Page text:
I am almost too exhausted to be typing this travelogue! This week I was asked if I would be a teacher for the "Special Intensive Program", this new thing YBM is doing to make more money for themselves. The program has three sections: conversation, reading comprehension, and creative writing. There are three levels of students: low, intermediate, and high. And it is a big commitment for the teachers, because it's 6 classes a day, while the regular teachers will likely have maybe 4 or fewer classes a day. But, I was told that I could pick the subject and level of students, so I said yes to high level creative writing. Unfortunately, when it came down to it, all teachers had to teach all levels. And the low level kids are REALLY LOW. Team 1, the lowest, can barely write their own names. I was assigned to teams 2, 5, 7, 10, 13, and 15 (the next to highest).
I was terrified for the first day of teaching, because I knew that team 2 was going to be a real challenge (our special classes didn't start until Tuesday, so I had already heard from teachers on Monday about what a nightmare some of the low teams were). I could hardly sleep the night before; I just kept dreaming of how horrible it would be. The theme for the day's writing lesson was description. I was supposed to open the class by having a student come up and everyone has to describe them. Then, they had to look at these densely drawn pictures of different "worlds" (think "Where is Waldo"-type drawings), and describe them in terms of people, animals, plants, and things.
Fortunately, it didn't go nearly as badly as I thought it would. Team 2 was able to understand the basics of description, like color and size, etc... So, the day was not as scary as I had imagined. Wednesday was Poetry day, which could have been a horror, but surprisingly was not. I managed to get them all to write a simple poem. Here is the poem I wrote along with them:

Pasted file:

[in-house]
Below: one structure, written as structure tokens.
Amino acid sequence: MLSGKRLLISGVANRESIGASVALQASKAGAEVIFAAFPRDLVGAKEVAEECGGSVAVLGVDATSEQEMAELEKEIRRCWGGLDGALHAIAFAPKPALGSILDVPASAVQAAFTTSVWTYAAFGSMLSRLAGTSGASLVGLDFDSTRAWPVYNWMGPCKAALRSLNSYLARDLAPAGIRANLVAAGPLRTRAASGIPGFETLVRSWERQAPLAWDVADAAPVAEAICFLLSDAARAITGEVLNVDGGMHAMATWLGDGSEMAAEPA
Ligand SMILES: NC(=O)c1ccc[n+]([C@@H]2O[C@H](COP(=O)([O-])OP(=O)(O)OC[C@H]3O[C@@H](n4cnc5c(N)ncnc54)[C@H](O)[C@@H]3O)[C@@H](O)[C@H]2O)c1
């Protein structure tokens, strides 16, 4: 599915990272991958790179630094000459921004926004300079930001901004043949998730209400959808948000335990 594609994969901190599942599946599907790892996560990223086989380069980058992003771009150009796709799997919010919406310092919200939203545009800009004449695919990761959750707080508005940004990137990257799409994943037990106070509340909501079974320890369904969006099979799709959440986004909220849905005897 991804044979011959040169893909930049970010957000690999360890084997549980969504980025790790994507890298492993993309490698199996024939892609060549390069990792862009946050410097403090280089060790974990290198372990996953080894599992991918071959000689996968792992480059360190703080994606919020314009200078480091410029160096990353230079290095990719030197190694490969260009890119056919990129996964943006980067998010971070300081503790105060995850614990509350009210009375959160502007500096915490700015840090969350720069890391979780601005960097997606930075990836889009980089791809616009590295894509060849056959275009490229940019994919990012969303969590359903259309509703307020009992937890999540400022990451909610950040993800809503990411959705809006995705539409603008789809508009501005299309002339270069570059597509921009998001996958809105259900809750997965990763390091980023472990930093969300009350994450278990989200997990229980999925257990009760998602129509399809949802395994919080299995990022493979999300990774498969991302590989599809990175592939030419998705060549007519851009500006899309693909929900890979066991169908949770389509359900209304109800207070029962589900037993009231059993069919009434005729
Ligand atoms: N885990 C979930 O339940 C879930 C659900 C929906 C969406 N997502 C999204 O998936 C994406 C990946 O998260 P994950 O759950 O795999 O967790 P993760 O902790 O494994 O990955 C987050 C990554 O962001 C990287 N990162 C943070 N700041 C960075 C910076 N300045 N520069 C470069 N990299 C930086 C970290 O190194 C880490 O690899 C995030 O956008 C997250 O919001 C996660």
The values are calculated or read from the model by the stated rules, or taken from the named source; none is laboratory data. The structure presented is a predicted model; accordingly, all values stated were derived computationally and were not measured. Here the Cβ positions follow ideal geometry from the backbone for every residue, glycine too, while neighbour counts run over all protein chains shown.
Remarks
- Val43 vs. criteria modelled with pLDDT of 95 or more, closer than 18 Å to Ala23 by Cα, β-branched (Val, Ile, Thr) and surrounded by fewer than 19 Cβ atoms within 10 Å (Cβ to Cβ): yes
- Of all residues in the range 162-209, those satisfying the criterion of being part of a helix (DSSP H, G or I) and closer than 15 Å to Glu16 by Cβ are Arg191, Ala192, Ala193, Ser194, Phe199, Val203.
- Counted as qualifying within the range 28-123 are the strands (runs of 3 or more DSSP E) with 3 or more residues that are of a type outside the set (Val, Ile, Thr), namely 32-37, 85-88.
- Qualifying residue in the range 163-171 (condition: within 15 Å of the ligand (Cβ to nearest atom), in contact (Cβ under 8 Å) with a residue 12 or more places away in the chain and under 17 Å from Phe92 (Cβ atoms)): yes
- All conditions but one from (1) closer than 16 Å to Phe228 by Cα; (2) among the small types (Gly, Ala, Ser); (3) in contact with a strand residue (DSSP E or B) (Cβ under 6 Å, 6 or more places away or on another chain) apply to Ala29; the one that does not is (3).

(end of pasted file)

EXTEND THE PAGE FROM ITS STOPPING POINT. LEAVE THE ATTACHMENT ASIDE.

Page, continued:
I have a cat.
He wears a hat.
He likes to cook
And read a book.
His tongue is cherry.
His nose is very
After I wrote that poem with one of my morning classes, I read it to all of my subsequent classes as an example. Every time I read it, I would laugh at the end, and they would look at me like I was eating my own boogers. No one appreciates real art anymore... :-(
Anyway, today is "Write Your Own Harry Potter Story" day, and it's proving to be a real bitch. As much as the kids here are obsessed with Harry Potter, they seem to care less about writing a new story about him. I'm on break right now, and I'm not looking forward to next period, when I'll have to cajole team 10 into giving a damn. But, my last two classes of the day are high level kids, and it should be fun with them.
Tomorrow is "Writing from Memory" day, and I have a bad feeling about it. I mean, the high level kids will do whatever you tell them to, but these low level kids need something else entirely. I know they're planning on doing a program similar to this once a month starting after Christmas, so they're going to be coming up with adaptations for super-low kids. I think that's a good idea! Far less stressful for the teachers...
Anyway, I suppose I should announce that I have actually decided to call it a day at Seoul English Village. I turned in my resignation yesterday, and I'm feeling really good about it. I have just decided that Korea, in general, is not the place I really want to be. I am tired of "fat" comments from students (which I haven't *really* gone into here, but believe me, it's humiliating and never-fucking-ending because we get new kids every week) and the open-mouthed (literally) stares from grown adults as I walk around town. Also, I'm concerned about my health. I've never been evaluated here to my satisfaction in regards to my stomach issues. This is enough of a serious problem for me that it makes me very nervous to sit here twiddling my thumbs about it.
So, I will be flying home on December 11th, with a swing through San Francisco to see Stephan for a week, and then into Des Moines on the 15th. I'll be home for the holidays, time enough to be evaluated by some *real* doctors and submit my Italian citizenship paperwork, and then be back out into the world hopefully by the end of February at the very latest. I've decided that my next adventure will be in Turkey, which is as close to Europe as an American English teacher can get right now. I'm really excited about going there, since Europe is where I've always wanted to be.
Anyway, I hope all is well with everyone! Take care and I'll talk to you soon!